One Year Status Report: Two Twenty Solar Panels
Well, it's been a year since the installation of the SES Solar Cooperative solar energy project on top of the Two Twenty, and we can't wait to share the good news. The solar panels supplied nearly a third of the building's electricity and saved tonnes of greenhouse gases! (20, actually.)
Here's the story. In June of 2016, a total of 95 solar panels were installed on the roof and front awning of 220 20th St W in a partnership between Shift Development and the SES Solar Co-op -- their inaugural project. We wanted to take action on a green energy project, and the SESSC stepped up to help. Read our blog from last year on the initiative.
The panels have been happily converting those generous Saskatchewan rays into clean energy for the Two Twenty ever since. They are still the second largest solar installation in Saskatoon, and the largest within Saskatoon Light & Power's energy district.
By the numbers
At Shift, we're all about results. So we were happy to learn that over their first year, the Two Twenty panels produced 28,388 kWh of clean, renewable energy. This amounted to 29 percent of the total energy consumption for the building. Not bad for the first year!
The panels had a noticeable effect on the amount of energy drawn from the Saskatoon Light & Power grid, as well. The month-by-month analysis of energy consumed by the building shows a striking reduction in grid-sourced electricity following the installation of the solar panels, dropping from a monthly average of 7,854 kWh to 5,833 kWh.
Environmental sustainability is important to us. It's why we develop only in walkable neighbourhoods, use green building standards, and lead by example with initiatives like this. It's also why, at Element Urban Village, we're planning another solar experiment involving five panels powering a shared electric car. The Element electric car can be used by all Element homeowners and should have a capacity of 12,000 km per year. We're taking big strides toward building car-free independence into Saskatoon's core neighbourhoods. This is just one part of our strategy to reach net zero energy housing in our residential projects by 2020.
Back to the Two Twenty project. According to carbonzero.ca, the amount of clean energy produced by the panels over the past year saved 21.86 tonnes of greenhouse gases (measured as carbon dioxide equivalents) in Saskatchewan. Calculations using more recent SaskPower data indicate a savings of 18.34 tonnes, but Saskatchewan is still one of the dirtiest energy producers in Canada. The same amount of energy produced in hydro-loving BC or Manitoba would save less than a single tonne of CO₂e. The impact that using solar energy can have in Saskatchewan is immense, and the incentives toward adopting green energy infrastructure through policies like a carbon tax could make it all the more possible and lucrative.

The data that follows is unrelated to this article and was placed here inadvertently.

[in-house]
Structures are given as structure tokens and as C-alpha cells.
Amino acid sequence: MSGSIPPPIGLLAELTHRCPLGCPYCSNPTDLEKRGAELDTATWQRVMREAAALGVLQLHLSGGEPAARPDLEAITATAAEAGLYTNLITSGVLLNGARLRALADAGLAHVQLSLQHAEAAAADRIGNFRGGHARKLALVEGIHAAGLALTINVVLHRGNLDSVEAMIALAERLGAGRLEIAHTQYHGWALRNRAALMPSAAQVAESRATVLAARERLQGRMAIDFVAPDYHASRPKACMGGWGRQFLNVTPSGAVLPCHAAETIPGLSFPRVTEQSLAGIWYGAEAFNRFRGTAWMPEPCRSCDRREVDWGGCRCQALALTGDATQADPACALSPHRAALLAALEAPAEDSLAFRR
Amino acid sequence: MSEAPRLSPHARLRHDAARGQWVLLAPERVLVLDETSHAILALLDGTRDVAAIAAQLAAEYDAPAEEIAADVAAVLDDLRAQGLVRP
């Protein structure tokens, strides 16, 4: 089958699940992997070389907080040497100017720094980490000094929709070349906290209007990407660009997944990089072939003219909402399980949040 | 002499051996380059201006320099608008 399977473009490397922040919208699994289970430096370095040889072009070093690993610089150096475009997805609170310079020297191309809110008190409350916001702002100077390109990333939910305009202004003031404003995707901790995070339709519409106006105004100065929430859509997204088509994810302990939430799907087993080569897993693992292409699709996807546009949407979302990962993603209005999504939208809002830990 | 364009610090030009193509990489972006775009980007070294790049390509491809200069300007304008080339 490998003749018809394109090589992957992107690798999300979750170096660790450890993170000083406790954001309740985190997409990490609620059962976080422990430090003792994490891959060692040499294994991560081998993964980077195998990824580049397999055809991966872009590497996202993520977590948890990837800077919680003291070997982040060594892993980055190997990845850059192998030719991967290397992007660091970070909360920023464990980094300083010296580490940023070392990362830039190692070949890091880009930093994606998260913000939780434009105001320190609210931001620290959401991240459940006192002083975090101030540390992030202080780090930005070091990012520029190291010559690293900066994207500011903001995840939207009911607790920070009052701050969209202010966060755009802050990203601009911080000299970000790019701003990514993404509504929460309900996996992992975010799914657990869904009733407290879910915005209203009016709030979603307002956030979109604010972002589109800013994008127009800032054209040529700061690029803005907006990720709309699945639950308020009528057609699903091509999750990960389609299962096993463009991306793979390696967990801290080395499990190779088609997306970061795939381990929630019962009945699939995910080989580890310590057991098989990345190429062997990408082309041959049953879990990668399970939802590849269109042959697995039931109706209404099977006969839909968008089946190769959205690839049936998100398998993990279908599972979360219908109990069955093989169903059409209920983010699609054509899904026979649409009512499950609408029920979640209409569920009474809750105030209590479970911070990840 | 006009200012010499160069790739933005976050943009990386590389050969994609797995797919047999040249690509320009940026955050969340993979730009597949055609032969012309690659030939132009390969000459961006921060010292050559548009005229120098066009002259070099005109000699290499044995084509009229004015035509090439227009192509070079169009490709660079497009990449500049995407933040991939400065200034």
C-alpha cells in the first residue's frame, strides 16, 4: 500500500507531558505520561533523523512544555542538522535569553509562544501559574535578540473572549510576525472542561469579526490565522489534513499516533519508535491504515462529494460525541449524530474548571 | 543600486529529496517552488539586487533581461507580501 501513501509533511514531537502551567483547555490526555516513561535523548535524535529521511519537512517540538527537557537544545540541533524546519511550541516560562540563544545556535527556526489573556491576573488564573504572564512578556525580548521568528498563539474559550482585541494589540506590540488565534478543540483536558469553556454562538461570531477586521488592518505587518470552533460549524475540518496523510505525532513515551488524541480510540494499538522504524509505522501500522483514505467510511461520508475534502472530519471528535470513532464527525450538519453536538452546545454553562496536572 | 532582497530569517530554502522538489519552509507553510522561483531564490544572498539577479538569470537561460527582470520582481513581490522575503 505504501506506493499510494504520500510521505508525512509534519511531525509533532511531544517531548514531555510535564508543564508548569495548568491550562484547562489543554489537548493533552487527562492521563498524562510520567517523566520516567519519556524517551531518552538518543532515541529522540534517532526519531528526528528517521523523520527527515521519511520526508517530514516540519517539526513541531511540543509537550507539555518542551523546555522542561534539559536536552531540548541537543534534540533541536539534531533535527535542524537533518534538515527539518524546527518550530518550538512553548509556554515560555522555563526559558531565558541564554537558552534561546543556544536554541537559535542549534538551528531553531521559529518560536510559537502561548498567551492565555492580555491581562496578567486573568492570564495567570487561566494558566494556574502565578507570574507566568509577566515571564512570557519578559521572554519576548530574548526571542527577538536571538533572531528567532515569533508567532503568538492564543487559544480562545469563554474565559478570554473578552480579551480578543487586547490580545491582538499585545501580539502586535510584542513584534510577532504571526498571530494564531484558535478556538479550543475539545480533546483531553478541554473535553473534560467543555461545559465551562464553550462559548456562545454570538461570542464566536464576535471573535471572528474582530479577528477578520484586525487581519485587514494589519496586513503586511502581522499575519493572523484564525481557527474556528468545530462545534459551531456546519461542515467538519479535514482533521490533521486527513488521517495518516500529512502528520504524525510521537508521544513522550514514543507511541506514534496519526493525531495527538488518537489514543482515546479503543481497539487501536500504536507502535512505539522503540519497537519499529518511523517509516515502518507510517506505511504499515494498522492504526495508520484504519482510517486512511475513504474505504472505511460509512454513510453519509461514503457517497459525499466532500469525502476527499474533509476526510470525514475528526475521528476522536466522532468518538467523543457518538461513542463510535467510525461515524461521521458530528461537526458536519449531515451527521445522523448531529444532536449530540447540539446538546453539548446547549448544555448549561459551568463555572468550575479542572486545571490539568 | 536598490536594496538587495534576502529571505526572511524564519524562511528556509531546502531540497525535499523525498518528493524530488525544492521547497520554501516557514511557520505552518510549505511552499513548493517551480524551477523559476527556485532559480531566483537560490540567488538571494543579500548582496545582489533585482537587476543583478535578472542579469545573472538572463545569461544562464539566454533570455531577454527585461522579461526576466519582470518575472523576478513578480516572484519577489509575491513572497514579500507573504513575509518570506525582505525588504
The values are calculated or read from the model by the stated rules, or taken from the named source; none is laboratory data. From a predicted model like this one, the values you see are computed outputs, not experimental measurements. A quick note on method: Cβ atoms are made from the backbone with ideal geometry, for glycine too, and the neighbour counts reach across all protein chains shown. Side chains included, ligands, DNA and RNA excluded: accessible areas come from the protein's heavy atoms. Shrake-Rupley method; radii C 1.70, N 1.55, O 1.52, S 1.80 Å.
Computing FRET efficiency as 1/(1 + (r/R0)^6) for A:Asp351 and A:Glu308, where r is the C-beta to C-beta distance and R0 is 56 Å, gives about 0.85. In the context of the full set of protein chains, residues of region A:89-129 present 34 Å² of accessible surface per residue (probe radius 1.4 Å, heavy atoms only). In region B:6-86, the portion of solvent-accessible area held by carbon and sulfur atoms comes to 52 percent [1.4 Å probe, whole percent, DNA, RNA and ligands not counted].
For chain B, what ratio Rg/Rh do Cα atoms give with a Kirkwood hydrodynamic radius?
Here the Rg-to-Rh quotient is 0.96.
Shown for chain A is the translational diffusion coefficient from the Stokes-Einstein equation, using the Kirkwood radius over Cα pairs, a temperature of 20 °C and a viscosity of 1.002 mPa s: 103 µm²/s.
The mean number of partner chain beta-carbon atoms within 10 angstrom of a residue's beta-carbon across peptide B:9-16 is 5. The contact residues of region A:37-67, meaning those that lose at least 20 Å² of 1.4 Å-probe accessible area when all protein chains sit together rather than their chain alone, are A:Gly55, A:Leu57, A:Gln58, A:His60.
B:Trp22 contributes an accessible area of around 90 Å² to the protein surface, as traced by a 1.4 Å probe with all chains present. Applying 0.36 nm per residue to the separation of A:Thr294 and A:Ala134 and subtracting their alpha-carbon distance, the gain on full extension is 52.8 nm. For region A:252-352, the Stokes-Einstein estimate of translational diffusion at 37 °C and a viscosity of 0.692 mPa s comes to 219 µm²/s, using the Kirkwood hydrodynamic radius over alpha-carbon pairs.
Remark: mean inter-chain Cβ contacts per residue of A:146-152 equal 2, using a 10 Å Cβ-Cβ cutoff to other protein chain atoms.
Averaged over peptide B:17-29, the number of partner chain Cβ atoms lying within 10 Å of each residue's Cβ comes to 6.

So, approximately 20 tonnes of CO₂e was spared from the environment because of our pioneering local solar energy partnership at the Two Twenty. Environmentally savvy readers just collectively fist-pumped; but what about the rest of us lay people? How much is 20 tonnes (20,000 kg) of CO₂e, really?
Physically, a balloon filled with 20 tonnes of CO₂e would measure 200 metres in diameter. That's the distance from the Farmers' Market to the riverbank, and 2.5 times the height of Saskatoon's tallest building. That scary balloon would dominate the city. The map to the right shows its footprint super-imposed over the Two Twenty.
In more realistic terms, 20 tonnes of CO₂e is the equivalent of the average annual pollution produced by 4.5 passenger vehicles. It's approximately the amount produced by the average Canadian household. It's the carbon-based diet of 67 trees. And it was saved without changing day-to-day operations at the Two Twenty whatsoever. In other words, it was easy.
The success of the SESSC Two Twenty project is a proof of concept as much as it is a direct benefit to the community. As solar capture technology becomes more attainable, and as non-renewable energy becomes more costly, more and more Saskatchewan people and businesses will be able to make use of the abundant natural energy resource right above our heads. Saskatoon Shines, after all.
We're looking forward to seeing a lot more solar panels and other green infrastructure fighting the good fight against climate change throughout Riversdale and Saskatoon. In fact, we're going to be one of the ones making it happen. Keep in touch. And here's to many more bright and shiny years of solar energy in our community.